Drunk Writing: The Drinking Age, Philosophized

The American drinking age is one of numerous signifiers of how weirdly inconsistent our government is. This is most easily summed up by the oft spoken protestation: “If I can smoke, vote and die for my country why can’t I have a drink?” While I’m a big fan of pointing out logical inconsistencies (especially in regards to governmental systems), my preoccupation with the regulations surrounding the drinking age as a 20-something is more personal in nature.

I’m very different than the person I was at 21. Right now the most compelling way to look at regulating the drinking age is centered around alcoholism as a public health issue. While I partially blame the education we receive in schools and a very religious upbringing for my formerly abject fear of alcohol for the longest time, the lessons learned through that kind of programming may have prevented a LOT of my generation from making incredibly regrettable decisions that could've cost people their lives.

In this light, my struggle with figuring out if the drinking age should be lowered falls neatly along the lines of political philosophers Locke (man is good) and Hobbes (man is dicks). Namely, if man is evil then higher restrictions and regulations should be placed upon them and, by that logic, the legal drinking age should be as high as possible. While this doesn’t explain why we chose age 21, it does take care of the argument against lowering it. But by that reasoning, why do we consider age to be a measure of maturity? Why don’t we instead regulate the ability to drink like we do driving cars? Let’s say after you turn 16, you can opt to get some sort of mental and physical health assessment before you’re allowed get your “alcohol license." If you test outside of the healthy criteria, then you won’t be able to buy alcohol until undergoing some kind of restorative therapy.

All this aside, I prefer to think of the world in Lockean terms and assume mankind is inherently good (or at least interested in the pursuit therin) and that as such we should do our best to educate our populous into how to continue to make good choices. Having done this, we shouldn’t need the restriction in the first place,  knowing we could trust everyone’s education (to a point) has included responsible drinking habits.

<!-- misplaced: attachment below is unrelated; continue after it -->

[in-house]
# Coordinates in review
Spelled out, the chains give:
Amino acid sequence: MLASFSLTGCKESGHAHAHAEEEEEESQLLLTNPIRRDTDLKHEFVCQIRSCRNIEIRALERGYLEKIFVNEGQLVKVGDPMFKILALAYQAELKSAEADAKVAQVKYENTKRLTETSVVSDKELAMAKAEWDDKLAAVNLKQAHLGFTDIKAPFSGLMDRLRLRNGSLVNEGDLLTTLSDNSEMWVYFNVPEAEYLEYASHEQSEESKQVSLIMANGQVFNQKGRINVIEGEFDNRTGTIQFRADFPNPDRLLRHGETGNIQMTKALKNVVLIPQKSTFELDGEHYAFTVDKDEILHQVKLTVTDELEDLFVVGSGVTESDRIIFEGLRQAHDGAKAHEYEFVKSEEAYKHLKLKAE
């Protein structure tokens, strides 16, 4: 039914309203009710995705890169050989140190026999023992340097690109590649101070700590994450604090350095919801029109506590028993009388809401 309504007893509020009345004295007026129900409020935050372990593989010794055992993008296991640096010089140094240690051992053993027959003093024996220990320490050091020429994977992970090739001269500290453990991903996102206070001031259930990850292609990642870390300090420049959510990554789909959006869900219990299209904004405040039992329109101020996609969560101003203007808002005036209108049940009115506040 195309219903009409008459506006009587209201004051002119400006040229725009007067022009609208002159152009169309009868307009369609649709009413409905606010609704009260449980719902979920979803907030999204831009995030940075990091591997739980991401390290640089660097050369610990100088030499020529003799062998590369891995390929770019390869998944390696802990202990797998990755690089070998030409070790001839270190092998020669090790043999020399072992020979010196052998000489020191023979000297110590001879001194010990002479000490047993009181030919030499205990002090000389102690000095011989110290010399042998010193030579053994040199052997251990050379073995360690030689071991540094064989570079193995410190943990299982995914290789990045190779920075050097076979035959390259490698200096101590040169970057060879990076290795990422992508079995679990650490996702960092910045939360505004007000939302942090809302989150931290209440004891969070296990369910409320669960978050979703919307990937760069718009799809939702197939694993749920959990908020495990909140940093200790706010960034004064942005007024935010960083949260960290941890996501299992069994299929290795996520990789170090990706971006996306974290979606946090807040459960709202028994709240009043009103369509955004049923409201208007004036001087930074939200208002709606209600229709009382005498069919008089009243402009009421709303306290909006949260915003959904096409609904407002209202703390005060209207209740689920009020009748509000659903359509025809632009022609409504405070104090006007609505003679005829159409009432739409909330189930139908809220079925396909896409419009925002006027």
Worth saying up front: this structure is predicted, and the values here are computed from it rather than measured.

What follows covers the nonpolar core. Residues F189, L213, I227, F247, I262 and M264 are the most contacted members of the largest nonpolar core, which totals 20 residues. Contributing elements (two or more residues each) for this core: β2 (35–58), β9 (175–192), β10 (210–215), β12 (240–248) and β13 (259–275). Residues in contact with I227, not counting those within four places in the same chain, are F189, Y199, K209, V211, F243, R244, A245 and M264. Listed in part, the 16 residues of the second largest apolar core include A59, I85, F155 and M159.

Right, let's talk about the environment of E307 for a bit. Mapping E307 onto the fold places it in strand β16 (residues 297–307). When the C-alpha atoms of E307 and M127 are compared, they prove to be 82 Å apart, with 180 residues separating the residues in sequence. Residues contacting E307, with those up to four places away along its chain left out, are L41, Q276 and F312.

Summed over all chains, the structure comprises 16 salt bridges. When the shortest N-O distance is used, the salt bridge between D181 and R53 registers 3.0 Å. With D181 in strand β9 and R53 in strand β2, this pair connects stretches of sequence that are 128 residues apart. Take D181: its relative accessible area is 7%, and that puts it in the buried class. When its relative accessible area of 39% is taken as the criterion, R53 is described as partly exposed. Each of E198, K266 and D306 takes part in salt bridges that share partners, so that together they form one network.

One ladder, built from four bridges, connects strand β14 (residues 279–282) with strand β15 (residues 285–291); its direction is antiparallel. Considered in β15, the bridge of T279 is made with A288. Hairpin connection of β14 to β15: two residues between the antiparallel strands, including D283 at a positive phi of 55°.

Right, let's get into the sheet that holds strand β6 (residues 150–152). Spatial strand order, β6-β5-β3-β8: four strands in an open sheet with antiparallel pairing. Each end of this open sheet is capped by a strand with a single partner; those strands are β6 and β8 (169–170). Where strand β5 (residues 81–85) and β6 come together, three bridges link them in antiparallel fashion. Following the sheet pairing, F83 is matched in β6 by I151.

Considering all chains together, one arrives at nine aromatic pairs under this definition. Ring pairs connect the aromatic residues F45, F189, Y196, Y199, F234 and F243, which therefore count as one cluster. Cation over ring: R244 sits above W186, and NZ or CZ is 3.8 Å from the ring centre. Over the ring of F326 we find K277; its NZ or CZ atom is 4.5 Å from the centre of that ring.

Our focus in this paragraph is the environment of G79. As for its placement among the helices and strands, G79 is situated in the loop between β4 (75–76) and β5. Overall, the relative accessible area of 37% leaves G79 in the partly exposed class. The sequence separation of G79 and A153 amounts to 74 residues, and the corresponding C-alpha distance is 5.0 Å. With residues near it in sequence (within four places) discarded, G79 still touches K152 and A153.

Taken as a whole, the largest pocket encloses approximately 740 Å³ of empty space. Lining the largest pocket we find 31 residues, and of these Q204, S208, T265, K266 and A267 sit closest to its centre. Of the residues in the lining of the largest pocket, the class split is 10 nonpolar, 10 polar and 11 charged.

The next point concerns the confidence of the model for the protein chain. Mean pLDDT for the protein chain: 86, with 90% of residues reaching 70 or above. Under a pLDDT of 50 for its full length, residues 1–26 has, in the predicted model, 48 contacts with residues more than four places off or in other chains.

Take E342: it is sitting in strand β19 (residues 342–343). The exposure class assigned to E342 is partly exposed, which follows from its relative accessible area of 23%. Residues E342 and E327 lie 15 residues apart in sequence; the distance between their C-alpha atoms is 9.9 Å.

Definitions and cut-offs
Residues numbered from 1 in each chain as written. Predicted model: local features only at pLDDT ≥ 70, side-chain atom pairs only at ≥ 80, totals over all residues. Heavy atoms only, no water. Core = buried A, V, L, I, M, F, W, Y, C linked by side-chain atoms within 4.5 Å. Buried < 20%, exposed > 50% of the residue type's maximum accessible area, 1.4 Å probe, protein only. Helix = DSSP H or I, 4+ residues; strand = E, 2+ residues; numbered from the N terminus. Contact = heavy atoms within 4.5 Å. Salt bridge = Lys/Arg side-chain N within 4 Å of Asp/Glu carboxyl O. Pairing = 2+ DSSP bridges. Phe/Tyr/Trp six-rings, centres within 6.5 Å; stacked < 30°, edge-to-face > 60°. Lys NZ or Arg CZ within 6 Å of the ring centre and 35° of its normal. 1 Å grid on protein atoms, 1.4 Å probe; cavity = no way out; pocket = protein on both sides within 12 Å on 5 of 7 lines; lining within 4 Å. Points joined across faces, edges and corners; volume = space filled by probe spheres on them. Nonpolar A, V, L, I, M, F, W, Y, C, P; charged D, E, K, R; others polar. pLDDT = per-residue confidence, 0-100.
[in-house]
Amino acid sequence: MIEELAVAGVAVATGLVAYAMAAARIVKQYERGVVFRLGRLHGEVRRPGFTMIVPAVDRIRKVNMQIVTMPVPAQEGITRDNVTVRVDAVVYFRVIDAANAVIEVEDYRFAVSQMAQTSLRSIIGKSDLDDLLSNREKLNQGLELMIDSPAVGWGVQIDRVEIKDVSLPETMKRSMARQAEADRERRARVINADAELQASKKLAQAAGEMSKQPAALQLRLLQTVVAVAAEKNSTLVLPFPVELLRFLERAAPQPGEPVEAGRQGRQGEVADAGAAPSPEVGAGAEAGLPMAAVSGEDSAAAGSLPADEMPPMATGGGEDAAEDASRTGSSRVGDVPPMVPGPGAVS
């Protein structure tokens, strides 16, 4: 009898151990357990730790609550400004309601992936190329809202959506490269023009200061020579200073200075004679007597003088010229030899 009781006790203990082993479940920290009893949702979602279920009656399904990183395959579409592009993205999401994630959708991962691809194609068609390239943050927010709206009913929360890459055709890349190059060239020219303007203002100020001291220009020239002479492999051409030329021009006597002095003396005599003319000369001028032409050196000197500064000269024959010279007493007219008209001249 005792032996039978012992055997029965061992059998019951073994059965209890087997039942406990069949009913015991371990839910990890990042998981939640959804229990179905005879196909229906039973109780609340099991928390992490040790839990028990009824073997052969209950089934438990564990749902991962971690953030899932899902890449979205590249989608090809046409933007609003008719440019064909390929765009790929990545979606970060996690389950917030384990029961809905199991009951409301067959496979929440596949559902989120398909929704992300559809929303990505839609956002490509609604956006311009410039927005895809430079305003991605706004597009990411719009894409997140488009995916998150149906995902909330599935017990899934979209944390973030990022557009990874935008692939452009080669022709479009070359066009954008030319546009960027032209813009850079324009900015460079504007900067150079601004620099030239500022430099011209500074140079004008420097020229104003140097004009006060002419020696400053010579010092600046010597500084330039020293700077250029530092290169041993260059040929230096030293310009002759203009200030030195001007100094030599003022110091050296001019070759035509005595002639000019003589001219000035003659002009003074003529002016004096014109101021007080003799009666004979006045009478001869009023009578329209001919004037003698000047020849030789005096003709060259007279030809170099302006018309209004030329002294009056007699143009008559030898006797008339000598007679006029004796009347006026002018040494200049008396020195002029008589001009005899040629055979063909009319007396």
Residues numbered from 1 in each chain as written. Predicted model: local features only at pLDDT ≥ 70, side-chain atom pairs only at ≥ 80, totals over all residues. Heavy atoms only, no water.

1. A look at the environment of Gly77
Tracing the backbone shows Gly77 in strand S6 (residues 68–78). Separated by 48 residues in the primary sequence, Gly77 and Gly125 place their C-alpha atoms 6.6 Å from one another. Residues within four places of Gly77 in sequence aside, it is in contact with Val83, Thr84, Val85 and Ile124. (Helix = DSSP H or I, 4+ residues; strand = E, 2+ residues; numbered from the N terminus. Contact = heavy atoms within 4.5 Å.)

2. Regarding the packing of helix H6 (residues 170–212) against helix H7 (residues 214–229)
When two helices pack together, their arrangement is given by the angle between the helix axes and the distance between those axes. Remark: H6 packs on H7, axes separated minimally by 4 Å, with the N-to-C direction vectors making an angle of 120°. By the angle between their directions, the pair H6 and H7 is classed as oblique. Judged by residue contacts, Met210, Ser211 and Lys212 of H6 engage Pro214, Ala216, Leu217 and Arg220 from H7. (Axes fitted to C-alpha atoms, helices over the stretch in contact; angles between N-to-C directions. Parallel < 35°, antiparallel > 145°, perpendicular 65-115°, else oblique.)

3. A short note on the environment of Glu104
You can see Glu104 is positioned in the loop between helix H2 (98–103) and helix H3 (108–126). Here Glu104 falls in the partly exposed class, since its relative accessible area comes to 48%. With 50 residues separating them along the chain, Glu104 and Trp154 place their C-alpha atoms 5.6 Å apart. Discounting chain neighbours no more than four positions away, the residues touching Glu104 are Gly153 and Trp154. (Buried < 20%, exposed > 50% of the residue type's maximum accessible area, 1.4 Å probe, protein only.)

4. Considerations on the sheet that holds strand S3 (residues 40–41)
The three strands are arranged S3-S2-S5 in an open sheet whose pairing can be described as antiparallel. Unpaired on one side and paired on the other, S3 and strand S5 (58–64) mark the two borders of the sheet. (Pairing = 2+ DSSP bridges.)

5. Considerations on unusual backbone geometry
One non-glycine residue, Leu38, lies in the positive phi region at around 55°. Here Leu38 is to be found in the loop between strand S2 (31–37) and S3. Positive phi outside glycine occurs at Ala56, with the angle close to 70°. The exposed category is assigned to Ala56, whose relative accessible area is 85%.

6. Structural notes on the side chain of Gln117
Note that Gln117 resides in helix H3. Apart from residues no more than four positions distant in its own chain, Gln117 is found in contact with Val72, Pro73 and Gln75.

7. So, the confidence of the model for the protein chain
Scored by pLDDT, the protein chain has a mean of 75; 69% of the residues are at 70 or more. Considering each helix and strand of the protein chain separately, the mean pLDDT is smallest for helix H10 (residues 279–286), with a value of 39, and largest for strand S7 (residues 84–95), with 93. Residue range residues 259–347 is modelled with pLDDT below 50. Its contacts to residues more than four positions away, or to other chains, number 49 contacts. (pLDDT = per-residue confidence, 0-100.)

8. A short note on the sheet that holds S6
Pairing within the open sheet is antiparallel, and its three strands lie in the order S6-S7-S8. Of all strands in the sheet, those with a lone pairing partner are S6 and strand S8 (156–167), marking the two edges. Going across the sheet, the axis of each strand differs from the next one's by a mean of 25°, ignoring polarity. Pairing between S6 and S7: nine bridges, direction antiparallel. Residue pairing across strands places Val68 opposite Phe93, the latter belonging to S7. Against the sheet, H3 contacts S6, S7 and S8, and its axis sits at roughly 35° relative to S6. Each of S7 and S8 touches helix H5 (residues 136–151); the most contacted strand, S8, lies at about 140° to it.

But real-talk; it’s 2016. Why are we still getting our jollies by drinking fermented plant juice, especially a kind that makes your emotions go bazonkers and turns your fine motor skills to jelly? Why has drinking culture remained relatively unchanged for the past hundred years?

The Office/ NBC/ VIA Tumblr

The Office/ NBC/ VIA Tumblr

I mean, I’ve got a computer in my pocket, one that connects me to a network of similar devices and can display almost any manner of recorded media. The GPS within said device has the power to direct me to any place on Earth, including the bar I just returned from where I was hanging out with my friends and consuming- you guessed it- copious amounts of alcohol. 

At the end of the day, I just love how alcohol tastes. For others, it doesn’t matter that it’s alcohol, they drink BECAUSE we’ve been doing it so long. We could be a society that replaced drinking culture with knitting culture for all it could’ve mattered. People like drinking because it represents a tradition spanning back to the earliest “man who got up into some water that tasted kind of funky that one time,” all the way to frat boys in college, brewers making the latest and greatest of IPAs, or me sitting here writing this while sipping on a nice pour of Japanese whisky.

And it is in this light that I reach my conclusion: Alcohol tastes good but is also dangerous. Parents, teach your kids how to drink so they don’t ruin this for the rest of us. Kids under the age of 21, unless your parents are like the ones mentioned above, wait your turn. I promise we as a society will do better to teach ya how to get up in this shit right.

*sips whiskey*

Feature photo by Toronto Eaters/ VIA Unsplash